Military Canyon is an area in the southeastern Owlsheads which contains scattered debris from past military overflights.  Difficulties encountered on the hike include route finding to access the canyon, searching out the locations of the scattered military debris, using caution if attempting to visit the crashed dart, and figuring out the correct crossover route from one canyon to the other.  A Google Earth map of the hiking route can be found by clicking on the button above.  GPS coordinates for the parking area are 35° 42.748'N, 116° 31.669'W.  GPS coordinates for the crashed fuel tank are 35° 41.651'N, 116° 35.438'W.  GPS coordinates for the crashed dart are 35° 42.289'N, 116° 36.463'W.
Military Canyon is an informal name I've assigned to an area located within the East of Owl Lake 7.5 minute topographic quadrangle map.  Military Canyon includes three specific small canyons which all drain to the east.  The three small canyons include Military Canyon S Fork, Military Canyon N Fork, and a canyon which splits off of the north fork near the bottom and heads toward a crashed dart.  The reason for the canyon name is that this area holds a high concentration of scattered military debris leftover from the time before the Owlshead Mountains became part of Death Valley National Park.  The main object of interest is a crashed fuel tank, which is located outside of the small canyons and is easy to find.  Within the canyons, there can be found some small missile fragments and also a weather balloon radiosonde.  If you locate some of the missile fragments, please do not pick them up as they may contain unexploded ordnance.  The hardest object to reach is the crashed dart.  Getting to the dart requires an additional elevation gain of 750 feet, successfully following a side canyon with several confusing forks, and scrambling up a steep hillside.  For my visit, I first checked out the crashed fuel tank, then hiked up the S Fork, checked out the grand view at the crossover point, and finally followed the N Fork back out.  I did not visit the crashed dart during my hike as it was not discovered until several years later.  The interesting thing about doing this hike is seeing the impact on the landscape from the military's former use of the land and air above it.  My hike took place on March 16, 2010.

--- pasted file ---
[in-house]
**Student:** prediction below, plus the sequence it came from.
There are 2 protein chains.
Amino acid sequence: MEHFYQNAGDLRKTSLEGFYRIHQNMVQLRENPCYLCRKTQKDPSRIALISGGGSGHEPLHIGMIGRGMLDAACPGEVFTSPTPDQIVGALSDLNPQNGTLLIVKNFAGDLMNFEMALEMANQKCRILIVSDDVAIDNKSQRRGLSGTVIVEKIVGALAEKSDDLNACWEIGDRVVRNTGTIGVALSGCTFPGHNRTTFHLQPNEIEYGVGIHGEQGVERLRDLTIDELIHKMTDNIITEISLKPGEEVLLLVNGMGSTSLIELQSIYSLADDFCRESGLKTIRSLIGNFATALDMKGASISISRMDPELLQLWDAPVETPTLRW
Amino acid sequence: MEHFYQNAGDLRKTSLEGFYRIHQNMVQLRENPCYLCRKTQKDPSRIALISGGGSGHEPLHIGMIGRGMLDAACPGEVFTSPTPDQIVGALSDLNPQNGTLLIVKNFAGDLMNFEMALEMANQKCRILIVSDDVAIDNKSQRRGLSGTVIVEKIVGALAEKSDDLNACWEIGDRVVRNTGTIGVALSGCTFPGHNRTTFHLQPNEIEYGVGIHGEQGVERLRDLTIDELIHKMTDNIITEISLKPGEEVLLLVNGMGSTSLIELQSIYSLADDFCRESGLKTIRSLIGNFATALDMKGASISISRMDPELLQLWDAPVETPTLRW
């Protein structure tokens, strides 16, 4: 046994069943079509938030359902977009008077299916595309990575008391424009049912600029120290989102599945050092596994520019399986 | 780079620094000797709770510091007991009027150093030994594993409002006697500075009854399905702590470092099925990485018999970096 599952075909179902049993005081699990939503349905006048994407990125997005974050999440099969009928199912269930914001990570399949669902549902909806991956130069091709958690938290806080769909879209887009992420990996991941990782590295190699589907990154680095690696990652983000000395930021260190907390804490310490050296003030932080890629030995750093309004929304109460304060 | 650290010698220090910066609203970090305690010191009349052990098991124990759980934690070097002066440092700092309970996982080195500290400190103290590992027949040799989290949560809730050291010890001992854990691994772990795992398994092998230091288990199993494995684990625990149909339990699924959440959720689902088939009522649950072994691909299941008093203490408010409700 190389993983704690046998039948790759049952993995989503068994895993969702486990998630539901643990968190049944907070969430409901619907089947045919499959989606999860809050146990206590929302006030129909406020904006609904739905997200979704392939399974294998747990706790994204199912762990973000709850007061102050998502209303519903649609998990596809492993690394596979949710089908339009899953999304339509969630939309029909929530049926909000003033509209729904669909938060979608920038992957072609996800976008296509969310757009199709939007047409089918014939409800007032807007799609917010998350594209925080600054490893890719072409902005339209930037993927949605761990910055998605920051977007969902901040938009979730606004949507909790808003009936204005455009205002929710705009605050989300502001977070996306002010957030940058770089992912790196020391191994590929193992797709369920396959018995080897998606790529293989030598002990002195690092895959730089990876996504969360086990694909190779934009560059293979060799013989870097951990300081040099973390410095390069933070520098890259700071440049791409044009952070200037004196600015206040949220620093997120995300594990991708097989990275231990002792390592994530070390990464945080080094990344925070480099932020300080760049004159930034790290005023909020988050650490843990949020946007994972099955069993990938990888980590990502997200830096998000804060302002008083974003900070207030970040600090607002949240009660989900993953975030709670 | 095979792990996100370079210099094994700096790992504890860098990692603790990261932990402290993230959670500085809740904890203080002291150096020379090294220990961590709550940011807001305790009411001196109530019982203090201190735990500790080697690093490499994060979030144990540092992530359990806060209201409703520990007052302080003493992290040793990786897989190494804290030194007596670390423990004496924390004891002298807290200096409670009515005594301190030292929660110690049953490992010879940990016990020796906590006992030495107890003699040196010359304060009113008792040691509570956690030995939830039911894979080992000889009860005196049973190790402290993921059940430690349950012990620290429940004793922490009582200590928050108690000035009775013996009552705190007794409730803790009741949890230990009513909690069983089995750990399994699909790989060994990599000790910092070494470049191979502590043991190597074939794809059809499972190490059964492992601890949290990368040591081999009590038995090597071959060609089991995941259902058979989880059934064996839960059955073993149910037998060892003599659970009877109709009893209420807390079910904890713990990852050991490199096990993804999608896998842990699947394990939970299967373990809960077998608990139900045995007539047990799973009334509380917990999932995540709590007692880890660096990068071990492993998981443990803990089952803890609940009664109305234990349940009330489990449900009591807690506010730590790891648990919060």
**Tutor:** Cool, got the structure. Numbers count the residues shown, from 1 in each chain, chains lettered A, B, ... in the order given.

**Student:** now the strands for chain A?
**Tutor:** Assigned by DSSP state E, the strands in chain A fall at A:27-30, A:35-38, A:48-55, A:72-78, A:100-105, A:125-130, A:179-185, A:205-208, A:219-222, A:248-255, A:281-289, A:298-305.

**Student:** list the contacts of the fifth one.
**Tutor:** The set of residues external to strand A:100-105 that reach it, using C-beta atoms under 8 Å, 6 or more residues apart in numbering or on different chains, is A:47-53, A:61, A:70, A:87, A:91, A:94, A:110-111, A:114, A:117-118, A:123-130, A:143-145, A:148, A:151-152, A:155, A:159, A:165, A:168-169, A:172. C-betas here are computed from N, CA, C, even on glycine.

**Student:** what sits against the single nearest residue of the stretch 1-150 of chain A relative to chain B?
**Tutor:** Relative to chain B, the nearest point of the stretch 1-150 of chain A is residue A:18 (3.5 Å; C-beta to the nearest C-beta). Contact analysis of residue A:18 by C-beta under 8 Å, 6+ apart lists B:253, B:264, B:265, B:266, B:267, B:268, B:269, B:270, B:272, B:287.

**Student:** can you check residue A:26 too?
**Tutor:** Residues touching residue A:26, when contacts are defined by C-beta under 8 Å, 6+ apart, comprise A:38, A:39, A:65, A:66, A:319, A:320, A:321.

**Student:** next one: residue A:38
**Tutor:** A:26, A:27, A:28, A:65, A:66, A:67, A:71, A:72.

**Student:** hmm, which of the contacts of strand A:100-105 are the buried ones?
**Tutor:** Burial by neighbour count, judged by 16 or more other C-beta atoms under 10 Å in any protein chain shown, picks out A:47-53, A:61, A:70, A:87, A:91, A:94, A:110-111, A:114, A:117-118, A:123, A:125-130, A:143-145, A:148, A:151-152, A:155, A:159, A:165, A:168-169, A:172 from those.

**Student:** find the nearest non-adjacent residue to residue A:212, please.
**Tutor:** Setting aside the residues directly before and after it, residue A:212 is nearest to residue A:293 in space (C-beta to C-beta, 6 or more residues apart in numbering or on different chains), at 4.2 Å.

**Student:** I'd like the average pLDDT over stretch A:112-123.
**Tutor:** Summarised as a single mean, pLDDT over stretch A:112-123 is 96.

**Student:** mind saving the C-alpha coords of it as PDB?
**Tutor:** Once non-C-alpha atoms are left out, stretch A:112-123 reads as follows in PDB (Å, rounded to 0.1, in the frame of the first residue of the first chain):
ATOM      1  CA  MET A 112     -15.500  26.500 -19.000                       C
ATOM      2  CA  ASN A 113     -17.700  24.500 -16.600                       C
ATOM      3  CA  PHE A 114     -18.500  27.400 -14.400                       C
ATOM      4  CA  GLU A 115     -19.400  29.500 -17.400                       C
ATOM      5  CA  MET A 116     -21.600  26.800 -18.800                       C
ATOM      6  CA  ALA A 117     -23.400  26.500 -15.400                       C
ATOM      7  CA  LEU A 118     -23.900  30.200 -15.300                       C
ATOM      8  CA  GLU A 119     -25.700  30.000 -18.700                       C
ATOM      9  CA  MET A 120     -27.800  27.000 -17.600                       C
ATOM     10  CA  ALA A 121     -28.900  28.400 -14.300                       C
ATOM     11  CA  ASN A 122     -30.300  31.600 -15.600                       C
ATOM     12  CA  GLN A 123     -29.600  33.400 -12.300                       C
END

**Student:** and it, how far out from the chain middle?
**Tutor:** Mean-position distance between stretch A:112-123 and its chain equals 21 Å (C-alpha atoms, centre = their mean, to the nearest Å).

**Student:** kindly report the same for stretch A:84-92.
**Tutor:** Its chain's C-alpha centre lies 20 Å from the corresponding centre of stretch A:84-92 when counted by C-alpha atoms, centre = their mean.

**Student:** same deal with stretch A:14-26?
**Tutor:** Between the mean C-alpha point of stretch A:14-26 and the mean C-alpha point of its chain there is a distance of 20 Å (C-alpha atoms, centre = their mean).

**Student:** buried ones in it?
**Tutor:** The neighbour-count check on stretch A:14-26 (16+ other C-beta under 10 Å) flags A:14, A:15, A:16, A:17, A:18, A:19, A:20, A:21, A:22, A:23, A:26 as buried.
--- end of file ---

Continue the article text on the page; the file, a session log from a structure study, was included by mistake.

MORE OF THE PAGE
Many more photographs taken during our visit are available for viewing for this destination.  To see all of them, choose one of the two options presented below.  The two options are Slideshow viewing and Trip Report viewing.  The Slideshow option allows for viewing larger images with an autoplay option and a full screen option (available on most browsers).  This option works very well for large computer screens and tablets.  The Trip Report option allows for viewing smaller pictures in a standard scroll-down format and enlarging of any panoramic photos taken during our visit.  Click on the option of your choice to view all of our photos from this destination.  The Slideshow format opens in a new browser window and the Trip Report format uses the same browser window for viewing.